Big fall in Dutch traffic deaths
27 April 2005, AMSTERDAM — The number of traffic deaths fell significantly last year to 881 compared to 1088 fatalities in 2003.
27 April 2005
AMSTERDAM — The number of traffic deaths fell significantly last year to 881 compared to 1088 fatalities in 2003.
Transport Minister Karla Peijs said on Wednesday she was "tremendously pleased" by the 19 percent decline in fatalities, but she warned that "results from the past give no guarantee for the future".
The number of traffic deaths rose slightly in 2003, breaking a trend of recent annual reductions. The 2004 figures — compiled by the ministry and statistics bureau CBS — are below the long-term trend.
The number of people admitted to hospital due to traffic accidents last year fell by 10 percent to 9,486.
Fatalities showed a marked decline in all age groups. Twenty-three children aged 11 or younger were killed last year, compared with 42 in 2003. In the 16 to 17-year-old age bracket, 28 deaths occurred instead of 49.
Traffic organisation 3VO said the figures were revolutionary and stressed again that safe traffic in the Netherlands is not a utopia.
To ensure a continued decline in deaths, 3VO urged Minister Peijs to adopt a new objective of 750 deaths by 2010. The current target of 900 has already been achieved.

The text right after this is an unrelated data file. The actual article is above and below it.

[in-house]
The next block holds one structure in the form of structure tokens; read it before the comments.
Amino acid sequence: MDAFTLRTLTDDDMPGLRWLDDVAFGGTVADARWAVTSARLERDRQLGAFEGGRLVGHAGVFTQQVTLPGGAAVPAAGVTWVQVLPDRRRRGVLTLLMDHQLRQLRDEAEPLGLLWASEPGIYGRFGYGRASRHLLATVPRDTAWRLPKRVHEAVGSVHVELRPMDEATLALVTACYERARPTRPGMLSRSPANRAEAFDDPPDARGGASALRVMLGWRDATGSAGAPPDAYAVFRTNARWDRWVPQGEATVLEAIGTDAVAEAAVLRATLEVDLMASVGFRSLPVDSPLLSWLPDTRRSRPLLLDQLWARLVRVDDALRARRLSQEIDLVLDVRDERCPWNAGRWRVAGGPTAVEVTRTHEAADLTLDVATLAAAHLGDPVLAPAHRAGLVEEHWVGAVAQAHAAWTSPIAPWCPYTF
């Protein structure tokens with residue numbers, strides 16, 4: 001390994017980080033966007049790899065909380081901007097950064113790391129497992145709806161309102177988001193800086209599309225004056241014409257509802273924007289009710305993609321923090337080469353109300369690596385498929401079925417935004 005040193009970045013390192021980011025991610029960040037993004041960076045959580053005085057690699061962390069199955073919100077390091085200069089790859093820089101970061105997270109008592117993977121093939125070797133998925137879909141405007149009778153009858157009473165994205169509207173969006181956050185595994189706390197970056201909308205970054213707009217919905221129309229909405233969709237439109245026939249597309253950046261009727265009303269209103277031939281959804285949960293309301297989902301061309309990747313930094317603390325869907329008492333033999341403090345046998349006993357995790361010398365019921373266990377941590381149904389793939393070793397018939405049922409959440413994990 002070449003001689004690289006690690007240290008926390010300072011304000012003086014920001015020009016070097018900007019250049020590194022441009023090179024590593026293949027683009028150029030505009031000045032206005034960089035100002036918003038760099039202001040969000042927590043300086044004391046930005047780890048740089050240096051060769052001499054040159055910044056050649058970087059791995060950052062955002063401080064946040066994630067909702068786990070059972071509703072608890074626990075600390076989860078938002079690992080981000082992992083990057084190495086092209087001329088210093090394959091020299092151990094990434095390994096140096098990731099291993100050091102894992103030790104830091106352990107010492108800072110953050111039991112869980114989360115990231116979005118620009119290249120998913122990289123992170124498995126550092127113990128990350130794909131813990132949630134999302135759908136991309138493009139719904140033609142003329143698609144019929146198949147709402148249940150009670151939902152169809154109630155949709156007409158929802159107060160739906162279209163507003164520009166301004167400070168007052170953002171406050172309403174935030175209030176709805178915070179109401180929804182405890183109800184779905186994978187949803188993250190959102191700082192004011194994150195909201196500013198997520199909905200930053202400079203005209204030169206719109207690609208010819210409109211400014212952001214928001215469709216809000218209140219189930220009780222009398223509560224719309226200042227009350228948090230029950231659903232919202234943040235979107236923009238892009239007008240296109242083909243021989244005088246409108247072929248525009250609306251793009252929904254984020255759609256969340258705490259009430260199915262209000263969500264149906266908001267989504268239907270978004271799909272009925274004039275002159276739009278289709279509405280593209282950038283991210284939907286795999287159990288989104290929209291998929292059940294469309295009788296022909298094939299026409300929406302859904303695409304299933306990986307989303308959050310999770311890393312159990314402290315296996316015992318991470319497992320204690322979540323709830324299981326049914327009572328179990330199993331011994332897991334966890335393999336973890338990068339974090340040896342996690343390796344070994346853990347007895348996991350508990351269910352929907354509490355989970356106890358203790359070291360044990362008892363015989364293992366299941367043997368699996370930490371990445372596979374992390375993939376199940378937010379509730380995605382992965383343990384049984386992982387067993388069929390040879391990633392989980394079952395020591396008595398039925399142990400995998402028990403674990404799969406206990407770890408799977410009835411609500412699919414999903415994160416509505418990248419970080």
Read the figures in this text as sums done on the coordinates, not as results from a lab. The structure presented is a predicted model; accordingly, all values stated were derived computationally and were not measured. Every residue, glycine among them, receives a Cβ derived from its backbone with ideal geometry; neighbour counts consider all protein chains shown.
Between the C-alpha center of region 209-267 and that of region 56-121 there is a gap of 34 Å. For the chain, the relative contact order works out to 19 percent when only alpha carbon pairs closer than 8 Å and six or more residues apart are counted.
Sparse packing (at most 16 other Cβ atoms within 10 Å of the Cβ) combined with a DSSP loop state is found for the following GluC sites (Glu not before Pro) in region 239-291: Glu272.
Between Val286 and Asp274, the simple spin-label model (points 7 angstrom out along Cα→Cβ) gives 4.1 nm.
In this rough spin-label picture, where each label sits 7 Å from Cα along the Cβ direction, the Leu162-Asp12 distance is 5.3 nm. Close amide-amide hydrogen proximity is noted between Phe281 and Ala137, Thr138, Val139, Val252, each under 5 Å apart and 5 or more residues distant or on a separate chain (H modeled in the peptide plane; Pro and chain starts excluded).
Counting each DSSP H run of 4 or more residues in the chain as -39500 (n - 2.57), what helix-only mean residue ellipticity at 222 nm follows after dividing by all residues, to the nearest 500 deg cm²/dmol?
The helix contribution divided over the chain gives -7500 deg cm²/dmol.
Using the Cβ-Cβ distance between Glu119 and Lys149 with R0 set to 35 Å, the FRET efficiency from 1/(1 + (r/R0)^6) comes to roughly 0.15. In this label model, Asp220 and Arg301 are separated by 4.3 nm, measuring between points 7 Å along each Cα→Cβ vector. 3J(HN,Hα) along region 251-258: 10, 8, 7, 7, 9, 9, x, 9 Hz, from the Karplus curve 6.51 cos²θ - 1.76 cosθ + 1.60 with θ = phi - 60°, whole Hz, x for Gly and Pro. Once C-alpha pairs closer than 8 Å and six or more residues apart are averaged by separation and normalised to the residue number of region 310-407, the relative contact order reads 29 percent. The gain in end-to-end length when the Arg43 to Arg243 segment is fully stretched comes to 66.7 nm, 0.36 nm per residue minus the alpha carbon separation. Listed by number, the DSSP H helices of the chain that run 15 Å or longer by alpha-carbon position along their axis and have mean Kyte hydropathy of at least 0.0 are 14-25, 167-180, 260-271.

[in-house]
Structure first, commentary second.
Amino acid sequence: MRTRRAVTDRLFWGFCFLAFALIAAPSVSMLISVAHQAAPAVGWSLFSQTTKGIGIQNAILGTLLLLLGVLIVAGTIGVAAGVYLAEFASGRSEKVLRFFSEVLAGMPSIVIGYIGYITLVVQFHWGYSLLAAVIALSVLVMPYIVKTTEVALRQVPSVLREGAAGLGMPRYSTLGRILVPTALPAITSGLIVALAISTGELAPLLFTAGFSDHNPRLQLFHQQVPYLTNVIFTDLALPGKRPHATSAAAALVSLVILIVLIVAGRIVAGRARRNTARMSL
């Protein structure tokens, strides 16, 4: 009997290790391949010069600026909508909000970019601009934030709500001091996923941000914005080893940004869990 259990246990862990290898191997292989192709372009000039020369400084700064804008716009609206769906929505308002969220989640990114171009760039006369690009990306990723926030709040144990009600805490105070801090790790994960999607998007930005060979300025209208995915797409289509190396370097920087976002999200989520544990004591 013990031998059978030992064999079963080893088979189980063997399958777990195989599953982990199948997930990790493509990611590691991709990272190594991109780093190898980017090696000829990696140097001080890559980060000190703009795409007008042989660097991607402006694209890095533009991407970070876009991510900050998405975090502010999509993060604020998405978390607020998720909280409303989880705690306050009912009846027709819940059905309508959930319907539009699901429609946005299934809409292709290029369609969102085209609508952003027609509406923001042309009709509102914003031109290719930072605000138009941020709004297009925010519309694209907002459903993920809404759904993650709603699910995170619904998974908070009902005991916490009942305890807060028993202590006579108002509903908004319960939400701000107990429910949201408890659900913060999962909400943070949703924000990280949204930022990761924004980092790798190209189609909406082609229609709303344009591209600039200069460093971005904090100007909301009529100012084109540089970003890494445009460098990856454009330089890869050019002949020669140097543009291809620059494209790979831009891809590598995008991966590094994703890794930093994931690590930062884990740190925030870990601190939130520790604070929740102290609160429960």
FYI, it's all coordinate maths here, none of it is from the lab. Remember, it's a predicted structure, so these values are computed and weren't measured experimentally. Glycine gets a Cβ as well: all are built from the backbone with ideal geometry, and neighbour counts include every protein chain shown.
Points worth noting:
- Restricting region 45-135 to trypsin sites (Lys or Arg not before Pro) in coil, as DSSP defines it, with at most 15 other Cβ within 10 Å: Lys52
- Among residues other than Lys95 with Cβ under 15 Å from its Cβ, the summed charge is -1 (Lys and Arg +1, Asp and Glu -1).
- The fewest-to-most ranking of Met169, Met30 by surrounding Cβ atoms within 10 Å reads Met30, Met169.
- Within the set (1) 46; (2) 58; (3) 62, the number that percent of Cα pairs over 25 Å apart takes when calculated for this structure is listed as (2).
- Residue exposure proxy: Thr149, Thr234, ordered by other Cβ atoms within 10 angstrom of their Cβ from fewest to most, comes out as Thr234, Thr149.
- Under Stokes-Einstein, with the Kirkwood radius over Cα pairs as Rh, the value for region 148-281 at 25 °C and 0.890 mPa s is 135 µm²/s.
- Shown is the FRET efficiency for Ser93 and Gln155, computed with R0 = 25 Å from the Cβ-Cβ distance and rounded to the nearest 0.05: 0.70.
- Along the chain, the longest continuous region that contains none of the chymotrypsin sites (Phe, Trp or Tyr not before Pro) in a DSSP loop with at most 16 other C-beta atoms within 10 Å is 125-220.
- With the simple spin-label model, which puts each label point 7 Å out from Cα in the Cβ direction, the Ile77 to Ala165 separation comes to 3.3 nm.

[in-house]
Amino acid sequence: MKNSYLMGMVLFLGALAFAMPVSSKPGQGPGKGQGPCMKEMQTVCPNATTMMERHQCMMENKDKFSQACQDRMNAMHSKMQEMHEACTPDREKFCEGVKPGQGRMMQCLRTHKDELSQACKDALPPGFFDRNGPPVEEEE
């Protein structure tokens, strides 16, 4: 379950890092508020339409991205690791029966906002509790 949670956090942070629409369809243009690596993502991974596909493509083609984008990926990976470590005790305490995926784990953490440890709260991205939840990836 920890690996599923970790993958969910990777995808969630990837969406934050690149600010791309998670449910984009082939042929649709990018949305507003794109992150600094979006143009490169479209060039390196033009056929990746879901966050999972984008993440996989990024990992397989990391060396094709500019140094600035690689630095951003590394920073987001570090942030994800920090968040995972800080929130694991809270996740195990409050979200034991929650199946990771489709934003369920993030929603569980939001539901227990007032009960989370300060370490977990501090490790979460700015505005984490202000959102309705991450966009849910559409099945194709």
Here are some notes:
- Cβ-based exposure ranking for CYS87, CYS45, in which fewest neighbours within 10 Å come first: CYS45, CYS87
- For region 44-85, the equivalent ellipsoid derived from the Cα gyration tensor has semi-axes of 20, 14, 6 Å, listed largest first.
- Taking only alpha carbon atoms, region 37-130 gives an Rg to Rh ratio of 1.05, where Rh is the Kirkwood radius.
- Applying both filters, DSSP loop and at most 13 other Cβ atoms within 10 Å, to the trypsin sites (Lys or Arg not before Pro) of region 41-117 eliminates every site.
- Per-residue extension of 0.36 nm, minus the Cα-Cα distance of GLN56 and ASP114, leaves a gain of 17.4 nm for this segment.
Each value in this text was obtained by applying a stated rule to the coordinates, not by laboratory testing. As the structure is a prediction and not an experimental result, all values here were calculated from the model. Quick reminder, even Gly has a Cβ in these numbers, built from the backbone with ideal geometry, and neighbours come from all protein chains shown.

Peijs could not fully explain the fall in traffic deaths, but said the number of speeding fines and accident compensation claims with insurers also fell. The number of victims in Europe declined, while the weather also played a role.
The minister said the high priority placed on traffic safety was paying off, pointing to the Bob campaign against drink driving, trajectory speed controls and safer cars.
The minister is not resting on her laurels though and launched in Delft on Wednesday a new detection system for trucks, which uses cameras and sensors to alert drivers of traffic around their vehicles.
The aim is to reduce the number of cyclists killed by trucks that turn right.
In 2004, 16 cyclists were killed in this manner, the highest number since the blind spot mirror was introduced for large trucks in 2003. Peijs will investigate the issue.
[Copyright Expatica News + ANP 2005]
Subject: Dutch news